Ex-envoy’s wife wraps herself in Israel

Ex-envoy’s wife wraps herself in Israel

By Jenni Frazer for the Times of Israel posted Oct 3 2015

LONDON — Deep in the English countryside, about an hour north of central London, sits a 450-year-old manor house. It is rural and English at its most classic. So it is slightly startling to hear the house’s mistress throw Hebrew slang into her conversation as she speaks of how she was inspired to set up her growing fashion accessory business.

The “lady of the manor” is, however, no Downton Abbey throwback. Celia Gould is the wife of Matthew Gould, who has just completed a five-year term as Britain’s first Jewish ambassador to Israel. The family – their two daughters were born in Israel – now includes a rescue cat found in Ramat Gan and a pair of black and cream Labradors, who are also Israel returnees.

Matthew Gould is now “on loan” from the Foreign Office for his new role as head of cyber-security at the Cabinet Office in Whitehall. But Celia Gould, an economist by profession, is relaunching her business, which was kick-started by the sounds and sights of Israel.

“I was always the photographer in our family,” she explains. “I didn’t have any training, but I was always very enthusiastic.”

Israel was her first diplomatic posting – her husband had served previously in a number of overseas embassies – and, she says, she had no preconceptions of what an ambassador’s wife should do.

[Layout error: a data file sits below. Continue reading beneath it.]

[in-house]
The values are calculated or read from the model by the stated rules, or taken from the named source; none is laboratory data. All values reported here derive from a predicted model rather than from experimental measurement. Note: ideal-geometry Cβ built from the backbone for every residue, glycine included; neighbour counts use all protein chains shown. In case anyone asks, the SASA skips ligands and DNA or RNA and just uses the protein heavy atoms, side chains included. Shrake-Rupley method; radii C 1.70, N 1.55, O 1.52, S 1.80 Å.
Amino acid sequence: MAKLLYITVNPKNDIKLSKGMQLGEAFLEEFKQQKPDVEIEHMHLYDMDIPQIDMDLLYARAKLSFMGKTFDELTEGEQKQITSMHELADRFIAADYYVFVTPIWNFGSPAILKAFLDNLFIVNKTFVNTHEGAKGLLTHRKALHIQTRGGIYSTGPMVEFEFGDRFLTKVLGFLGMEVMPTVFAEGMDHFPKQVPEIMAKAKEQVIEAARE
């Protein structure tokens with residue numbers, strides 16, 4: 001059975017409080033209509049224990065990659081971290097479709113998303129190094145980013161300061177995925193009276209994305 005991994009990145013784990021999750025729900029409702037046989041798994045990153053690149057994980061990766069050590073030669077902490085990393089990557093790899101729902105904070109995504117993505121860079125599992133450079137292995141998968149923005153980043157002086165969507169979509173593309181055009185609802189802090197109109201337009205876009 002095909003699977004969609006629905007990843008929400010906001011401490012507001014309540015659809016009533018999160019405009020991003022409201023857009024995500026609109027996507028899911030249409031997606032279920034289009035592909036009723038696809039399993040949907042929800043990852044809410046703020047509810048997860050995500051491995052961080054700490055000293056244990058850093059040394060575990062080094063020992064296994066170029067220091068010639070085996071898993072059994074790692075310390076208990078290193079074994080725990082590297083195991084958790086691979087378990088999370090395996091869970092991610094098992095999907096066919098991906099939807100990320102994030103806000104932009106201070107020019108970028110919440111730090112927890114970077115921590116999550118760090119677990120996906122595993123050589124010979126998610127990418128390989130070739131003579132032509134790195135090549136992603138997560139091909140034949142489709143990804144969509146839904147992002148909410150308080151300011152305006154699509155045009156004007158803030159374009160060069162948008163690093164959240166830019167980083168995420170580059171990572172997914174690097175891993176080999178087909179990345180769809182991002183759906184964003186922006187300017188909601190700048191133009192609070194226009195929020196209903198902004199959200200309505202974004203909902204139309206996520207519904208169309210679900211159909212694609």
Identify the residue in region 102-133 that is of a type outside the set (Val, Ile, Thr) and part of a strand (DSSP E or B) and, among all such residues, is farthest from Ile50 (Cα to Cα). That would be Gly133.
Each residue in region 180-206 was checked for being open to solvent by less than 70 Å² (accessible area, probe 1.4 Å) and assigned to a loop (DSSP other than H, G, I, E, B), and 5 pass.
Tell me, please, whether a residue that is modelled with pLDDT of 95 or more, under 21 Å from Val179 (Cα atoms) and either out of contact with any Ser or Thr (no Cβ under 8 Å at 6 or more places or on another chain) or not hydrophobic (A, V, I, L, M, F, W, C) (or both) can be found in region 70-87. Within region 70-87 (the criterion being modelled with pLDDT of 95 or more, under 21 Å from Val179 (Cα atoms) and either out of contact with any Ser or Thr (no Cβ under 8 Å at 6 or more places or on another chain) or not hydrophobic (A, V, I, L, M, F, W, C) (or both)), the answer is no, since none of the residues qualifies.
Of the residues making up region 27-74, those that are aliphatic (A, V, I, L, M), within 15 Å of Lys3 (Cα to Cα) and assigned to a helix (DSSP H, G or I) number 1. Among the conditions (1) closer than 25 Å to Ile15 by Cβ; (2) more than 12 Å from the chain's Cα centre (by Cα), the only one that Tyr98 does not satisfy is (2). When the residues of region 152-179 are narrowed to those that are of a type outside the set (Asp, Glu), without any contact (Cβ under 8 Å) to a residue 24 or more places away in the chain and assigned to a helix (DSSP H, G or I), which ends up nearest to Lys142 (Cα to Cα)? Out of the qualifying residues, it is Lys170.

She’d shelved her career in banking and head-hunting and was three months’ pregnant when they first got to Israel. With a smile, she remembers the rather disconcerting realisation that “there was no separation between public and private life in Israel. It was a 24-hour job, your house is a public space. We did try to make private time for ourselves, but actually, we became used to it.”

As the Goulds grew accustomed to Israel, Celia Gould began improving her photography, learning more about what her camera could do and engaging with a supportive online community for constructive critique of her pictures.

“I began carrying my camera everywhere, because there were so many occasions when I could have taken a picture, when the light was just right, or there was a moment to be captured,” she said.

Once her first daughter, Rachel, was born, Gould took to prowling the streets with stroller and camera.

“I felt that I wasn’t just wheeling the baby, I was able to come home with the achievement of a picture. I’ve always had a good eye, and my technical abilities improved.

“And then I began getting involved with the not-for-profit charity sector. I met lots of people, and if the photography got me out on the streets, the charities got me behind the doors. And that’s how I spent my first couple of years in Israel,” she said.

But her breakthrough came when she took a picture of the Tel Aviv municipality building, and its seemingly endless run of windows. It’s what Gould calls a “Marmite” building, after the British vegetarian food spread which people either love or hate.

“This photo was taken before the shiputz [renovation], before they put the fancy window covers on it. And one of the things which I find so fascinating about photography is that you can take a picture of something very mundane, but the way you present the photograph changes your perception of it.”